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DuPage County family lawyerMany people grow up hearing from family members, teachers, and others that they need a college education in order to have a career, earn a good living, and provide for their future. However, according to a recent study, a college education may also mean a better chance of having a successful marriage—especially for women.

Marriage and Divorce Statistics for College-Educated Couples

Approximately half of first-time marriages in the United States last for about 20 years. A study conducted by the National Center for Health Statistics found that women who have a college degree have an 80 percent chance of staying married beyond that 20-year mark. The researchers used data collected through surveys and interviews to predict the probability of marriage success, much in the same way that researchers use data to predict life expectancy statistics. The data included men and women who were between the ages of 15 to 44 during the years 2006 through 2010.

Differences Between Women and Men

The overall percentage of women’s first marriages lasting at least 20 years was 52 percent. For women who had obtained their bachelor’s degrees, that percentage jumped to 78 percent. Women who had attended college but not acquired their degree had a 49 percent chance of their first marriage lasting at least two decades. Women who had a high school education or less had a 40 percent chance of a 20-year marriage.

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Posted on in Child Custody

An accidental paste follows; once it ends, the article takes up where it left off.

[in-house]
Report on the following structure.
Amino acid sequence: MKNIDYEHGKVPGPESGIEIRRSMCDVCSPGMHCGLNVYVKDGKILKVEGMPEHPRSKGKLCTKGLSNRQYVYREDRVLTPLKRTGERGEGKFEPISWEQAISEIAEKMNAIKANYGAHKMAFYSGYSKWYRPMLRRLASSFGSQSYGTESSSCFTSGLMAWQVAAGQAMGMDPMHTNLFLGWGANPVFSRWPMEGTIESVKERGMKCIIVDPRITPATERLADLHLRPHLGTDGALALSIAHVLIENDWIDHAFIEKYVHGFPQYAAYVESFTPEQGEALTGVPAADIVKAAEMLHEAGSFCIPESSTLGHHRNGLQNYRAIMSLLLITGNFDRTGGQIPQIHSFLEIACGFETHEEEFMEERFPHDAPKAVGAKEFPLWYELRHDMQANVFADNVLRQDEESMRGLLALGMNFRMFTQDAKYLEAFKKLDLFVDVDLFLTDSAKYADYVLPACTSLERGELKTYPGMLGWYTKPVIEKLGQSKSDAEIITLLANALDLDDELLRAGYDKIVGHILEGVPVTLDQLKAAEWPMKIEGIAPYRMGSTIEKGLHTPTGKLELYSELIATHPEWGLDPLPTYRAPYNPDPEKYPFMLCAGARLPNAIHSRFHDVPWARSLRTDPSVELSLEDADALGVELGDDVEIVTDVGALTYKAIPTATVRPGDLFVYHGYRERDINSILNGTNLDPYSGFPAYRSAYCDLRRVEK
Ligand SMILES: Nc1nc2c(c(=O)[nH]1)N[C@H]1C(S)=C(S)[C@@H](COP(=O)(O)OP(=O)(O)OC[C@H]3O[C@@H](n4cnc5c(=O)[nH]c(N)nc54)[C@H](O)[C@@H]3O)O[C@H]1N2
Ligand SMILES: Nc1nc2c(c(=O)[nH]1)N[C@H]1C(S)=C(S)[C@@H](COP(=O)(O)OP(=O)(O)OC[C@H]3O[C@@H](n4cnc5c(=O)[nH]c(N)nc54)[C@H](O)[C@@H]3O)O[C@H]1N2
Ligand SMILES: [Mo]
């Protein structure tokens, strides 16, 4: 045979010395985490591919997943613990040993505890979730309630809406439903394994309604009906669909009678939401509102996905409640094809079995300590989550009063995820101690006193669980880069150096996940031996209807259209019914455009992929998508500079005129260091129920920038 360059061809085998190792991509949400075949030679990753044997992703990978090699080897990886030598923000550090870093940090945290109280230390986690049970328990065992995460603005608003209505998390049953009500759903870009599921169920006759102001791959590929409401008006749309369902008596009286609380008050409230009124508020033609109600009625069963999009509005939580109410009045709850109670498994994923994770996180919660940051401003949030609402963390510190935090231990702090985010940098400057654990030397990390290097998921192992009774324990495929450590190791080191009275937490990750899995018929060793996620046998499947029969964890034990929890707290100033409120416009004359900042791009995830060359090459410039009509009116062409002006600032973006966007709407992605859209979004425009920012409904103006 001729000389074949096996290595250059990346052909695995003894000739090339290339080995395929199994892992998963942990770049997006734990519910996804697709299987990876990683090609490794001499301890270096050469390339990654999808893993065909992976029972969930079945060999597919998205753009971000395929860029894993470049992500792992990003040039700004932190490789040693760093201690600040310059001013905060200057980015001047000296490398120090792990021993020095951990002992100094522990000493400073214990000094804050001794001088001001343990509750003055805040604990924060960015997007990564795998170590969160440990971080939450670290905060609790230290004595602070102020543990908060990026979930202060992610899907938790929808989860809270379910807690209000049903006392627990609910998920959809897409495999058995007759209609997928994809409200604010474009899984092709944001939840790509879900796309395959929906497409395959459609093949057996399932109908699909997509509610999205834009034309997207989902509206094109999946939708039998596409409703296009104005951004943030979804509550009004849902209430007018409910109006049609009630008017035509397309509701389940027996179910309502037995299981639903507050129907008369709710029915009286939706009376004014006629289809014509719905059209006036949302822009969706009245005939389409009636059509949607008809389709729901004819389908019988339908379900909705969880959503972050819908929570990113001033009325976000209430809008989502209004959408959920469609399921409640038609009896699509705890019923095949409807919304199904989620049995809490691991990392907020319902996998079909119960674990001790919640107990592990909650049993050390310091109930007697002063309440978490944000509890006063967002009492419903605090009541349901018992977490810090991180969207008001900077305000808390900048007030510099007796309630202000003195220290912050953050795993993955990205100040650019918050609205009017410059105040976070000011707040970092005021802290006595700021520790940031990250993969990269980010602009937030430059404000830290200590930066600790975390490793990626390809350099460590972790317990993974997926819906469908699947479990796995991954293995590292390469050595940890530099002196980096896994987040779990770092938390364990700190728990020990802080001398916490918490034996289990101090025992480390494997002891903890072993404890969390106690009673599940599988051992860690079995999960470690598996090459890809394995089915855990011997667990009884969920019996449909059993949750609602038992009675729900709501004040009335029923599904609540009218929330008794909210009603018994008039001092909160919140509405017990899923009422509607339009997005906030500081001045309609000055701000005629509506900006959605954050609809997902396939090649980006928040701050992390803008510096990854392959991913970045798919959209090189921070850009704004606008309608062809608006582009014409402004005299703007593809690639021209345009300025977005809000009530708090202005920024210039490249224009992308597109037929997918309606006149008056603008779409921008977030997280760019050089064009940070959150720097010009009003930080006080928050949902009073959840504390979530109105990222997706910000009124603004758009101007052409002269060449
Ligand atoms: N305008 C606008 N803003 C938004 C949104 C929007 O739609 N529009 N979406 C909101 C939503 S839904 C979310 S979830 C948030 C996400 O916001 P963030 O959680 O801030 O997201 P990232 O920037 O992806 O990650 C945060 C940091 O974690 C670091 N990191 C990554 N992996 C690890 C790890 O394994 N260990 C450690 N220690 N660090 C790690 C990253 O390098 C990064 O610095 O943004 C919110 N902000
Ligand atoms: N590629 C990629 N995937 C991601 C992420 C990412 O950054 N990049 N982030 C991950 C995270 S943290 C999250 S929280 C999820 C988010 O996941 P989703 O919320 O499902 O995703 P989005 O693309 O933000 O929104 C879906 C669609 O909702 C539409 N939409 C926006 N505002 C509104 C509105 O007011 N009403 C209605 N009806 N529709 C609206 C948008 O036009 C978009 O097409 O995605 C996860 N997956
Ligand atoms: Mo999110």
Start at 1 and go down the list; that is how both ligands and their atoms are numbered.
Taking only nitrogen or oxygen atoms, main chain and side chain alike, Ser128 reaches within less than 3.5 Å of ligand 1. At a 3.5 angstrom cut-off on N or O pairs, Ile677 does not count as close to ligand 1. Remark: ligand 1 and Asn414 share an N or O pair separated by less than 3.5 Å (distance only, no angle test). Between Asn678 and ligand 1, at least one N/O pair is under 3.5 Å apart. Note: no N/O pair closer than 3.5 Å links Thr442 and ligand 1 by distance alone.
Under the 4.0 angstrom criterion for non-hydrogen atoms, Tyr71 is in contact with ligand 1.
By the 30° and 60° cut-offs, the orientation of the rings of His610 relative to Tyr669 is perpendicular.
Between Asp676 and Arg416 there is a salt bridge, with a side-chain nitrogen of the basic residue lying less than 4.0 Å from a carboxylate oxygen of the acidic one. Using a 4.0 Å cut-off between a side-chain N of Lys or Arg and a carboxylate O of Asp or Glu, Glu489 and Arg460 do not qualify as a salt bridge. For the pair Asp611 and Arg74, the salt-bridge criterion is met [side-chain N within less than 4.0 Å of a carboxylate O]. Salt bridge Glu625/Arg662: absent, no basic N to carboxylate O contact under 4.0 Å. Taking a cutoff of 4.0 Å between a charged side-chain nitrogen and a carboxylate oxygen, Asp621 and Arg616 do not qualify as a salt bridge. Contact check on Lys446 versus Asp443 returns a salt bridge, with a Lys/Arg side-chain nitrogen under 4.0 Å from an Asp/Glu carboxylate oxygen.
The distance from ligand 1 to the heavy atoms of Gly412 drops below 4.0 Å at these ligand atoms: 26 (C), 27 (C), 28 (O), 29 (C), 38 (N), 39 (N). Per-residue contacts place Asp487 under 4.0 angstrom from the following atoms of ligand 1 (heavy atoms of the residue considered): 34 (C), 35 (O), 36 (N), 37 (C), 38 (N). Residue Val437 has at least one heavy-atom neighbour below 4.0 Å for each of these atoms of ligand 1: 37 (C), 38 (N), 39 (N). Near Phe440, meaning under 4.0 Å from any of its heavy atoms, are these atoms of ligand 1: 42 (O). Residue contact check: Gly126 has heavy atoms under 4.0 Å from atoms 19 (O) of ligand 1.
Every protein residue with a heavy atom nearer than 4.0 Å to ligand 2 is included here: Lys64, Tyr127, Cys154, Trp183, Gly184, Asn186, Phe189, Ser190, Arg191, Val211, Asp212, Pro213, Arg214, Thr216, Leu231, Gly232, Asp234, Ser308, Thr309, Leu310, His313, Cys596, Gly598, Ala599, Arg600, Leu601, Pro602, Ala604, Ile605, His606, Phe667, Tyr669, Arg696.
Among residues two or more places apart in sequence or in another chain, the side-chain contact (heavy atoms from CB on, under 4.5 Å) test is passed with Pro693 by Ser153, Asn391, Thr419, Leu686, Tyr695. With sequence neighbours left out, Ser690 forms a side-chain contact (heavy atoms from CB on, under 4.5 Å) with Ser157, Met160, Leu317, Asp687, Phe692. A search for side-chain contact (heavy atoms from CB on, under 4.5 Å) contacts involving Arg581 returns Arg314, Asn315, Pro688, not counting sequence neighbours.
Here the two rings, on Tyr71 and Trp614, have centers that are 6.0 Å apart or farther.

Illinios divorce attorney, Illinois family law attorney, depression in spouse,Divorce can often be a trying experience, but adding a mental illness to the process can often make things difficult. In fact, one study shows that marriages where one spouse has a mental illness are 20 to 80 percent more likely to end in divorce, depending on the illness in question. Of course, the exact way a mental illness will affect a divorce depends greatly on a variety of factors, such as the way the illness is managed and the type of illness. If the disease is well-managed and under control, then it may not affect the divorce much at all. However, poorly managed mental illnesses or those that affect the safety of people close to the mentally-ill spouse can take a more central role in the process.

Legal Issues

From a legal standpoint, there are two major ways that a mental illness can come into play during a divorce. The first is during issues of child custody. The second is when the illness presents a danger to the other spouse.

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